25. The apparatus of claim 23, wherein the transmission time is an end time for the received information.
26. The apparatus of claim 23, wherein the received information is also the selected information.
27. The apparatus of claim 23, wherein the processor controls at least one of the packet processor and the demodulator such that power is reduced at a time different from the time estimate for receiving selected information
28. The apparatus of claim 27, wherein the packet processor supports File Delivery over Unidirectional Transport (FLUTE) sessions and the processor turns off FLUTE channels associated with unselected information for operating the packet processor at reduced power.
29. The apparatus of claim 23, wherein the selected information is file-based content comprising at least one clip.
30. The apparatus of claim 23, wherein the selected information is real-time content comprising at last one program.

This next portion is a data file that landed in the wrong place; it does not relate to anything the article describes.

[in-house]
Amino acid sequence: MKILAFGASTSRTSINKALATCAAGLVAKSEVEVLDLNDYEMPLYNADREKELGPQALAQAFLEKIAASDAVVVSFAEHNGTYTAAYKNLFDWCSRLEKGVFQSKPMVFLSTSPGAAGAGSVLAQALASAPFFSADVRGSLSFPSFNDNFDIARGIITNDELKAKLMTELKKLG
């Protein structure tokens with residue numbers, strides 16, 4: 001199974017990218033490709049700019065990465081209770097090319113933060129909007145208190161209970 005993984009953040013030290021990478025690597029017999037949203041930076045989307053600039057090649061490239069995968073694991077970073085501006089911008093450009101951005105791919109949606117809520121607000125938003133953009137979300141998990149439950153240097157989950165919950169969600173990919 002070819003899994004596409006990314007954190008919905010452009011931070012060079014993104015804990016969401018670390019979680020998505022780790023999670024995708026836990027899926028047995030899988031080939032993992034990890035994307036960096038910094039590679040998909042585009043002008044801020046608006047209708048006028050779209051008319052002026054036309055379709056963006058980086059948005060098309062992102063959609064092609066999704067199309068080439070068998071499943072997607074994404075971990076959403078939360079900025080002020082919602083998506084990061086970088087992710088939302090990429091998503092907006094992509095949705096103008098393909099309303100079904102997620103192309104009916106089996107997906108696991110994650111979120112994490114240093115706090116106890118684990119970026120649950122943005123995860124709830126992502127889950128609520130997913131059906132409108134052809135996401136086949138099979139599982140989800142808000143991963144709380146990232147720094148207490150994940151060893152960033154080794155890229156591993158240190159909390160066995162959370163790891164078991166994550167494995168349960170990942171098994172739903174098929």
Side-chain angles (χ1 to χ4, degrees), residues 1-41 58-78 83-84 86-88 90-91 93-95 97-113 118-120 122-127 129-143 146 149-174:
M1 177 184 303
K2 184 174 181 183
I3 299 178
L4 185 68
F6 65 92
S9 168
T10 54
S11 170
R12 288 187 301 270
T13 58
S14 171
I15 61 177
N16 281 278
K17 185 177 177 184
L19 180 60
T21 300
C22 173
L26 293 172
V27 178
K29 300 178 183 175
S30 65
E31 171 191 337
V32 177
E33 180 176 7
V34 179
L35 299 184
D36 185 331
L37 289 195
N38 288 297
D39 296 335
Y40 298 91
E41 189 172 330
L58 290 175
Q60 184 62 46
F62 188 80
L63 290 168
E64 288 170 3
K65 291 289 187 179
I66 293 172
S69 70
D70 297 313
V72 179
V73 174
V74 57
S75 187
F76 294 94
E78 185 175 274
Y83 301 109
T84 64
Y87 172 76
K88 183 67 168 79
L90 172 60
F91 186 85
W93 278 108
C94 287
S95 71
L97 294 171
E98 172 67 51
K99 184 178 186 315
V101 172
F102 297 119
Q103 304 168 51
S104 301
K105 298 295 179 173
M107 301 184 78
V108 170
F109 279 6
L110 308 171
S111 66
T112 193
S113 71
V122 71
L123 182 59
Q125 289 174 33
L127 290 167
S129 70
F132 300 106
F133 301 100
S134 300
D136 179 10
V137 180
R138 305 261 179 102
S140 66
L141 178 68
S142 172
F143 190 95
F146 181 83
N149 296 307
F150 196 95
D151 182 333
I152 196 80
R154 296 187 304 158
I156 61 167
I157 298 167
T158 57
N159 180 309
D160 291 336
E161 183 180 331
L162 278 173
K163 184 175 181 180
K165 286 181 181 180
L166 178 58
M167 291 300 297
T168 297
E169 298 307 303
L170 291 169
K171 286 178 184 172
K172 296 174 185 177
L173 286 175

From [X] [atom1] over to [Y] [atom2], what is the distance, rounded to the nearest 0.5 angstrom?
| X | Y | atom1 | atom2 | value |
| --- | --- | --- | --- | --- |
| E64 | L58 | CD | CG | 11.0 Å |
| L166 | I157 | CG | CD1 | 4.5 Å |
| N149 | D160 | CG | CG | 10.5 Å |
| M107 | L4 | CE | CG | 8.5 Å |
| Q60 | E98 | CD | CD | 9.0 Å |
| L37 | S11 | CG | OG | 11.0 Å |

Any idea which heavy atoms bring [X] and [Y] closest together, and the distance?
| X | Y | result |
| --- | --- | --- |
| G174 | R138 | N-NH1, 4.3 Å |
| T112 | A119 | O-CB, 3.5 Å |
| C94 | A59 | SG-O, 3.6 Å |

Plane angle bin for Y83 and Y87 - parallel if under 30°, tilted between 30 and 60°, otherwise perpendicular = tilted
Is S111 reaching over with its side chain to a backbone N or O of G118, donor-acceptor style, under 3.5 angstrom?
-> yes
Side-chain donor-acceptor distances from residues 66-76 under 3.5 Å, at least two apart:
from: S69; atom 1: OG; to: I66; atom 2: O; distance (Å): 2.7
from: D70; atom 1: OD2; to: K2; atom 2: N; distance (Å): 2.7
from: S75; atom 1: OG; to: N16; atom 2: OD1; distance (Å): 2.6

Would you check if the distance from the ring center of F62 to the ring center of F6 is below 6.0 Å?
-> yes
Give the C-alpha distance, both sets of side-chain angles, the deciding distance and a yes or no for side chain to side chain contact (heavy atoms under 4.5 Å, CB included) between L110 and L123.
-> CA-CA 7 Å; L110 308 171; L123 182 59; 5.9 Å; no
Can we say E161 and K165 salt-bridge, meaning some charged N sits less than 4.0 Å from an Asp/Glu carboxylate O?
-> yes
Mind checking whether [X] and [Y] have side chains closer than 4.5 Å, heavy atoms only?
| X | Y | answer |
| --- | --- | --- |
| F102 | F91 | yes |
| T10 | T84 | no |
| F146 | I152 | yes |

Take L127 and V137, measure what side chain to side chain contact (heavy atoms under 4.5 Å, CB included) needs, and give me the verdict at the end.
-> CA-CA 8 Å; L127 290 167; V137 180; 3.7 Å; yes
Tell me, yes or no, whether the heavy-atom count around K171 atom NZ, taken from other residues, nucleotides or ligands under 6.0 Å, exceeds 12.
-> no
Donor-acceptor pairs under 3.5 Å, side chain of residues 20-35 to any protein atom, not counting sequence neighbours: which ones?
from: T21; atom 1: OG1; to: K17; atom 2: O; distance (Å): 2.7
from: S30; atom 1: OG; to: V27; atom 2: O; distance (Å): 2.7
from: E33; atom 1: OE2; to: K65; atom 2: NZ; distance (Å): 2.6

31. The apparatus of claim 23, wherein the transmission time is a start time and the processor determines the time delay as a function of a start time for the received information and an actual time of arrival for the received information.
32. The apparatus of claim 31, wherein the start time of the received information is determined from a program guide.
33. The apparatus of claim 32, wherein the start time is a published start time.
34. The apparatus of claim 31, wherein the time delay is determined by subtracting the start time from the actual time of arrival.
35. The apparatus of claim 31, wherein the time delay is determined from a statistical function operating on the difference between the start time and the actual time of arrival over a period of time for received information.